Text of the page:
Justice Legislation Amendment (Police and Other Matters) Bill 2019 Introduced In Victoria

Tuesday 19 February 2019 @ 12.09 p.m. | Crime | Legal Research

The Justice Legislation Amendment (Police and Other Matters) Bill 2019 (Vic) (‘the Bill’) was introduced in the Victorian Legislative Assembly on 5 February 2019. The Bill makes key amendments to various Acts focusing on changes to police investigative powers (particularly in regards to DNA evidence), drug and firearm matters, and introducing additional offences against harm and threats against officers.

DNA Evidence

The main changes to be implemented by the Bill in regards to DNA evidence are:

  • Police will no longer be required to obtain a court order to gather a DNA profile sample from certain suspects and offenders (this includes suspected adults committing indictable offences)
  • Police will also be able to gather a DNA profile sample from 15 to 17 year olds suspected of serious offences without a court order

These changes aim to reduce the administrative burden on courts, whilst simultaneously assisting the Police in identifying offenders, in particular serious recidivist offenders.

However, some parties have raised concerns at the announcement of these new powers. Mel Walker, co-chair of the Law Institute of Victoria’s criminal law section noted that such powers could undermine the presumption of innocence and lead to wrongful convictions.

The Minister for Police and Emergency Services addressed these concerns in the Bill’s statement of compatibility, and further explained the operation of these powers and the oversight  mechanisms to be put in place:

“To complement these reforms, clause 76 of the Bill creates new oversight mechanisms that will be performed by the Independent Broad-based Anti-corruption Commission (IBAC) to monitor compliance with provisions governing the authorising, taking, use, retention and destruction of DNA profile samples …  A senior police officer must be satisfied of particular criteria before authorising the taking of a DNA profile sample from a suspect or an offender. In relation to adult suspects, the senior police officer must be satisfied that the person is in lawful custody, the person is not incapable of giving informed consent and has refused to consent, the person is believed to have committed a particular indictable offence, and taking the sample without the consent of the person is justified in all the circumstances. When the suspect is aged 15 to 17 years old, the senior police officer must believe on reasonable grounds that the child has committed a DNA sample offence, which is defined in clause 52 and includes a number of serious indictable offences listed in clause 78 … The taking of DNA profile samples will also be governed by requirements to ensure that the procedures are carried out safely and with respect to the person’s privacy. The Bill inserts a new requirement to use the least intrusive and least painful method of obtaining a DNA sample that is practicable in the circumstances.”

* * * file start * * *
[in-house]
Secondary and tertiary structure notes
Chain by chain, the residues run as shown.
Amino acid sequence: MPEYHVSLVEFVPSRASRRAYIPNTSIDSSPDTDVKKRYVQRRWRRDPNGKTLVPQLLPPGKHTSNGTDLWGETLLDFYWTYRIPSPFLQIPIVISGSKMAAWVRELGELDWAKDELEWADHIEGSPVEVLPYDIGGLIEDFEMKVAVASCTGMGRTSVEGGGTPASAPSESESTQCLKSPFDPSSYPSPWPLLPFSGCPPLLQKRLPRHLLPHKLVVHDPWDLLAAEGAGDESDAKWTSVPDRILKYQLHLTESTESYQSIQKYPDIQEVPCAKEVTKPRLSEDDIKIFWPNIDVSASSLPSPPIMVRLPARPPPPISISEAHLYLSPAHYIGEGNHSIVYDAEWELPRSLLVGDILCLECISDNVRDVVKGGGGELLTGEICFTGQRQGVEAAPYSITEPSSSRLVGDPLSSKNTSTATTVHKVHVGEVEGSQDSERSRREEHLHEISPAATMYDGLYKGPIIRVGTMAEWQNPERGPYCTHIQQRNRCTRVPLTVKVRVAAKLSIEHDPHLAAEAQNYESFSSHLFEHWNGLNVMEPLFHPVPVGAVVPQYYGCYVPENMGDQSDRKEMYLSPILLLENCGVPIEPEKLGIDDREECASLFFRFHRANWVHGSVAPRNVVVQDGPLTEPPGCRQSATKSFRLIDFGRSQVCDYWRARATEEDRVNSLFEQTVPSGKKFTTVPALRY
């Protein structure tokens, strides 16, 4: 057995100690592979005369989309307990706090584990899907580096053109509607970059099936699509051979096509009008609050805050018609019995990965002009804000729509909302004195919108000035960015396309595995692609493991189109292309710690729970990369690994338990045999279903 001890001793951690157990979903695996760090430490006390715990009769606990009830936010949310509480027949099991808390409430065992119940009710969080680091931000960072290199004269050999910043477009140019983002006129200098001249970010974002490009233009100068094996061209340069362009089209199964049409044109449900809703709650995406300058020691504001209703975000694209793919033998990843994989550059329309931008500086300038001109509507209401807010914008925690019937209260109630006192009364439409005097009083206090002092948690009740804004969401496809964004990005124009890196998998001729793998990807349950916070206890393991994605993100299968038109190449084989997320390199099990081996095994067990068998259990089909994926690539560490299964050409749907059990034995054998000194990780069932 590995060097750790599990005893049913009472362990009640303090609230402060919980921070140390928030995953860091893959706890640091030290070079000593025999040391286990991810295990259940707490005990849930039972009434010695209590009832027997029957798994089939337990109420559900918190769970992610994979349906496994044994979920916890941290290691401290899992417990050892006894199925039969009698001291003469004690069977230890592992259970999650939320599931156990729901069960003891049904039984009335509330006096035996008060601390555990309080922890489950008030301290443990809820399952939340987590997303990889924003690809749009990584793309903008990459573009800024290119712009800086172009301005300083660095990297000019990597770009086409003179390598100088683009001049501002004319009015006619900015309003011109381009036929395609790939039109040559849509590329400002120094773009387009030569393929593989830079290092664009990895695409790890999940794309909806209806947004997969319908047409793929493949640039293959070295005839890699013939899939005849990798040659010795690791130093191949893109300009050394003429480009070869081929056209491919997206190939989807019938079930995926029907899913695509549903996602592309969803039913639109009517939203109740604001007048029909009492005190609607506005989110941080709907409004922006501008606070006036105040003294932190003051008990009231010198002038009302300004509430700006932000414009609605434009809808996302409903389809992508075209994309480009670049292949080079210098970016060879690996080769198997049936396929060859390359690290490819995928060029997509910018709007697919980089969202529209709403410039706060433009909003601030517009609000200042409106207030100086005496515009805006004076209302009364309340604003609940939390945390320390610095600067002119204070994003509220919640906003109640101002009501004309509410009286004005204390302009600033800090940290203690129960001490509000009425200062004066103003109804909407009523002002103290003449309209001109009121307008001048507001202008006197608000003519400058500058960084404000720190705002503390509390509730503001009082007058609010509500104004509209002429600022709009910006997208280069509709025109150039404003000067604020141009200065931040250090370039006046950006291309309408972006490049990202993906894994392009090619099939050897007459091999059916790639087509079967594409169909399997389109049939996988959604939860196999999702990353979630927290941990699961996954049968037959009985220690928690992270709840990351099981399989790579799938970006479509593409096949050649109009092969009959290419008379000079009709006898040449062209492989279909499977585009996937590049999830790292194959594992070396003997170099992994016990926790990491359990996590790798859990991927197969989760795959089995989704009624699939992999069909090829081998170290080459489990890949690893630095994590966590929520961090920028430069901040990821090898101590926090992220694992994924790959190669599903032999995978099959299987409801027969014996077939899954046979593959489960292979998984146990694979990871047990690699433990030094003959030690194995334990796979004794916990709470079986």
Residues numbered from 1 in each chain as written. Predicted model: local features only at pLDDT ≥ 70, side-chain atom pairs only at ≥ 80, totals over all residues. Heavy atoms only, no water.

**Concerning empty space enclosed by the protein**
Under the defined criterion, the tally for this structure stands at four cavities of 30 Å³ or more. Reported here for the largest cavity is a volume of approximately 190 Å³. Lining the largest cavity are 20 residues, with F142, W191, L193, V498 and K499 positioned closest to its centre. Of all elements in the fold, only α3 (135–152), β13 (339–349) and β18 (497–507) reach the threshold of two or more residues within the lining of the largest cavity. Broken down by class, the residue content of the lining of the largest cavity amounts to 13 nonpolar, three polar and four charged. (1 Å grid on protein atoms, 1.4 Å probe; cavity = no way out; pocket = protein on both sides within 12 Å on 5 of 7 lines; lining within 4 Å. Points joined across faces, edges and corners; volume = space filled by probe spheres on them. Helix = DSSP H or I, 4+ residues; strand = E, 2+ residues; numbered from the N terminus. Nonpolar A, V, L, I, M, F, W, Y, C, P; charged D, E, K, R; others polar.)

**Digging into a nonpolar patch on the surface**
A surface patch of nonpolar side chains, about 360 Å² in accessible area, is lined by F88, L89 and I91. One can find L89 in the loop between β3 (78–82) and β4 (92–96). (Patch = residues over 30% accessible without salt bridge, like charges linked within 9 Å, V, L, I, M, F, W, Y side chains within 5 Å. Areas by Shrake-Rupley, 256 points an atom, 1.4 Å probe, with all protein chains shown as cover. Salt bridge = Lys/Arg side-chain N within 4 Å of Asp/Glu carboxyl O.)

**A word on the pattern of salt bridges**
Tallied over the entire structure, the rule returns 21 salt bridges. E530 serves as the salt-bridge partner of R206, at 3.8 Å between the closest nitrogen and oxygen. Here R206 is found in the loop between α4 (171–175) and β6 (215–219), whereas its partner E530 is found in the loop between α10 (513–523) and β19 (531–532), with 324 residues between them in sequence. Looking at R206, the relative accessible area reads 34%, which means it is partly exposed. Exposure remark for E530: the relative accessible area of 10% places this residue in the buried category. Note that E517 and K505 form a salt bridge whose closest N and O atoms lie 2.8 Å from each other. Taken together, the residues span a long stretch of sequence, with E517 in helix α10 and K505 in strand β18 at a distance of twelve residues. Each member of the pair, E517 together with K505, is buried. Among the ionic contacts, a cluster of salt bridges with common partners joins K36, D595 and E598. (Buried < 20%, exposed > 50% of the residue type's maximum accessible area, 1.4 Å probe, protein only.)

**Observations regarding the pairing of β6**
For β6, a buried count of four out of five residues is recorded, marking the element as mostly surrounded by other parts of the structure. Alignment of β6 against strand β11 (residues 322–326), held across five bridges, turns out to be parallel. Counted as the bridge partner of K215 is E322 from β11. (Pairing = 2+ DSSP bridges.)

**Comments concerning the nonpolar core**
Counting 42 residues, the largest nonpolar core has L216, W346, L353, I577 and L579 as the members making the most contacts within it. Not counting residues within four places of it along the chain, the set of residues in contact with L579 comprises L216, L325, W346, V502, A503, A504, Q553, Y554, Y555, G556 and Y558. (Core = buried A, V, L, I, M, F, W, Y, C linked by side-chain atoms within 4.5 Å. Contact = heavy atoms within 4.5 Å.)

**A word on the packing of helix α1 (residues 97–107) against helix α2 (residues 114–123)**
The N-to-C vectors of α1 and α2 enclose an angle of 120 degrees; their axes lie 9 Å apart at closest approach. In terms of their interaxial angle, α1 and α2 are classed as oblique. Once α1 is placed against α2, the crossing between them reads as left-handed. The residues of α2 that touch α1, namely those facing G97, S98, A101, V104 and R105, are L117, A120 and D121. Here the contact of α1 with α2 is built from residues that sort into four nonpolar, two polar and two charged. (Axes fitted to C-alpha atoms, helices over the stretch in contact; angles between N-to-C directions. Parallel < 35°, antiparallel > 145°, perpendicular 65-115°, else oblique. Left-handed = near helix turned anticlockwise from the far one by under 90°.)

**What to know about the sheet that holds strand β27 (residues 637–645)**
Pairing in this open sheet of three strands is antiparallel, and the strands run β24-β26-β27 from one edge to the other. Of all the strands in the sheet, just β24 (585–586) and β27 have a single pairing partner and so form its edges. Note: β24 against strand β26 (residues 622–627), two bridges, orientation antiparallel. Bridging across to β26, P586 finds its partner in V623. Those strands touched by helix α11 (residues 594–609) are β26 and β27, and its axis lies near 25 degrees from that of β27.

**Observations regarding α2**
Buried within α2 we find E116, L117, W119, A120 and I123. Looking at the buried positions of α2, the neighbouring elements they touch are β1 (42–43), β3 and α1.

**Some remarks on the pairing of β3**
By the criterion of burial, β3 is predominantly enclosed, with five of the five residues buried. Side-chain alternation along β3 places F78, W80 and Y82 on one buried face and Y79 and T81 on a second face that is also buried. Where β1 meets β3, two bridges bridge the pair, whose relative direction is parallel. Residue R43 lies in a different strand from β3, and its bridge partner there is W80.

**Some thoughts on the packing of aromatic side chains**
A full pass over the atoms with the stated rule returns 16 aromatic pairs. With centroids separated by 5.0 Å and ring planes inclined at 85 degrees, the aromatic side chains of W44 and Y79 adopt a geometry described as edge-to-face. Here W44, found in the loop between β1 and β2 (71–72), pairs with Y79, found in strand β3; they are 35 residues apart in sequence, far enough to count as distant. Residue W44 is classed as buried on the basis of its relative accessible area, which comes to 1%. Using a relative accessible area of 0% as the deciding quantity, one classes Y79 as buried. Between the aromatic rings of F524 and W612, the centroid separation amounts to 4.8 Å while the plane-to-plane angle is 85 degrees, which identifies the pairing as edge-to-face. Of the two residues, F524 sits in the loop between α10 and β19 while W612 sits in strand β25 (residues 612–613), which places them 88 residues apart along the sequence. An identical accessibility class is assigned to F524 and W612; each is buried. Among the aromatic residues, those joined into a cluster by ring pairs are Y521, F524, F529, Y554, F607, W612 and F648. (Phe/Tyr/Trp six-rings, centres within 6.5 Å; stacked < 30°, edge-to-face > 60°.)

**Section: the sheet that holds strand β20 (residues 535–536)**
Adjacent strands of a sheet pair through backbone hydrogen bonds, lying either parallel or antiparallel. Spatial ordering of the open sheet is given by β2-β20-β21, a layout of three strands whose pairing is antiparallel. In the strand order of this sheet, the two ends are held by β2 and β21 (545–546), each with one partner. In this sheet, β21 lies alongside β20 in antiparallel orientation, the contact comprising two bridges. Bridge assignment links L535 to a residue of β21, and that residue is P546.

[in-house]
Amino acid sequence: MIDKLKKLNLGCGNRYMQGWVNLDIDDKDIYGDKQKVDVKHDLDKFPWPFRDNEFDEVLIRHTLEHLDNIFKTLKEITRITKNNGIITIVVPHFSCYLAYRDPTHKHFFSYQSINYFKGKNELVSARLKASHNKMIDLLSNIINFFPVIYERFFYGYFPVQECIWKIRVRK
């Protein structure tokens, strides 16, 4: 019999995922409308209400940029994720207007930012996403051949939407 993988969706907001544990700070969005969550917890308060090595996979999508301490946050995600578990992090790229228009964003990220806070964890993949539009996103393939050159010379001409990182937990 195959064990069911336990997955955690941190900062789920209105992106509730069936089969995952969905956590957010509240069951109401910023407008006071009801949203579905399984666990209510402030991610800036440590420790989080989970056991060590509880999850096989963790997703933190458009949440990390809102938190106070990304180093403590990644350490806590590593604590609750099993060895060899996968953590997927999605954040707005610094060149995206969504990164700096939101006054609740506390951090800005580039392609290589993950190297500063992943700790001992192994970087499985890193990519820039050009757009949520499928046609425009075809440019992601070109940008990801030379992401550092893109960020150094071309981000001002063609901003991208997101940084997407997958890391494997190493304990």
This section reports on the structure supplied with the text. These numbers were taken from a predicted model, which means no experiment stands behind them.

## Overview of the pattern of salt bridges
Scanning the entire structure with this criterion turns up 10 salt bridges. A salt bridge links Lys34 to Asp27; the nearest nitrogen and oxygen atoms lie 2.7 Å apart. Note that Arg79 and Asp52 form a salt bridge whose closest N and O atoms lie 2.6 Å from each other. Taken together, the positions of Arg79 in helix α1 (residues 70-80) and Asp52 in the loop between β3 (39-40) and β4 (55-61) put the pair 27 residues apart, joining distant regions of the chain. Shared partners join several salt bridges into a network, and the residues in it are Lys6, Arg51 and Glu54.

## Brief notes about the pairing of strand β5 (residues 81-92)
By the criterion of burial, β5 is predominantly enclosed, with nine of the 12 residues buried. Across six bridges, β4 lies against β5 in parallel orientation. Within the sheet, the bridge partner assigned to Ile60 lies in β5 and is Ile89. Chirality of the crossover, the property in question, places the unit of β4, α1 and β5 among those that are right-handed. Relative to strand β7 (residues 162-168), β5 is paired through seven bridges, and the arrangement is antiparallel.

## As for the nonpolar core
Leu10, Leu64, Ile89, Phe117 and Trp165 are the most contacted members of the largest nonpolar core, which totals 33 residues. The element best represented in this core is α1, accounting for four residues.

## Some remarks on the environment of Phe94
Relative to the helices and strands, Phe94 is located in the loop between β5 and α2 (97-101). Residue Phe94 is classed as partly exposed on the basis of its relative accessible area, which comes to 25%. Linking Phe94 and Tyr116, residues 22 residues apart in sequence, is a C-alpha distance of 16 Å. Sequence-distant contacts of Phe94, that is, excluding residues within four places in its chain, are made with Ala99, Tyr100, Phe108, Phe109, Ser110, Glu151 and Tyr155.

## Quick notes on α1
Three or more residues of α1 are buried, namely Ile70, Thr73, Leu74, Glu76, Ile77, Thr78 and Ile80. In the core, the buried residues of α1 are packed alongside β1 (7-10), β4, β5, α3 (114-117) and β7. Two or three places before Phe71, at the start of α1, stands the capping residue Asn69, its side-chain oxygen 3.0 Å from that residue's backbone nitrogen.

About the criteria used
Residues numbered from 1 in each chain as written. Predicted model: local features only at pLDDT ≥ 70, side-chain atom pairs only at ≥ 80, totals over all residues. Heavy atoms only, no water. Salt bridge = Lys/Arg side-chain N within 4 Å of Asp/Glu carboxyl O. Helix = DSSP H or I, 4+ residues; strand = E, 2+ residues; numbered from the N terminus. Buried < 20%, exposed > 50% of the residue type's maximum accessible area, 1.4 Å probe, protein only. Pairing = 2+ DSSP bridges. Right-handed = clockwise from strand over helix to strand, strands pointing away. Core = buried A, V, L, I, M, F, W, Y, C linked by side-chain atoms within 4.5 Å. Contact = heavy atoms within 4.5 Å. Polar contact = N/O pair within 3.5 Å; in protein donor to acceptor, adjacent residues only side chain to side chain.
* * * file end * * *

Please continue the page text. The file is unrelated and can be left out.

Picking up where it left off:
The Bill also stipulates that the Police must destroy and delete DNA samples collected if the suspect is not charged with an offence within 12 months, the charge is withdrawn or not proceeded with, or if the person is found not guilty.

Drug offences

The Bill also amends various drug-related offences, aimed against organised crime drug traffickers:

  • Trafficking commercial quantities of a drug of dependence, when carried out for the benefit of, or at the direction of a criminal organisation will be punishable by life imprisonment
  • The quantum of commercial quantity of heroin has been reduced, bringing harsher sentences to these dealers

Additional offences

The Bill will also introduce new offences and higher penalties in order to increase protections for police officers, protective services officers (“PSOs”), police custody officers (“PCOs”), custodial officers, youth custodial officers and their families. The new offences and penalties include:

  • Discharging a firearm, including firing into the air or at the ground, when recklessly endangering a police officer or a protective services officer (‘PCO’) will be an offence punishable by up to 15 years in jail
  • Intimidation of an officer will be an offence punishable by up to 10 years in jail
  • Armed offenders guilty of assault of an officer on duty will now face up to 10 years in jail, or 15 years if the offender was armed with a firearm or imitation firearm

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The Justice Legislation Amendment (Police and Other Matters) Bill 2019 (Vic) and supporting materials, available from TimeBase's LawOne service.

Tougher Laws To Solve Crime And Protect Police (Media release), 5 February 2019.

Victoria's DNA laws need fixing, fast (The Age), 21 January 2019.  

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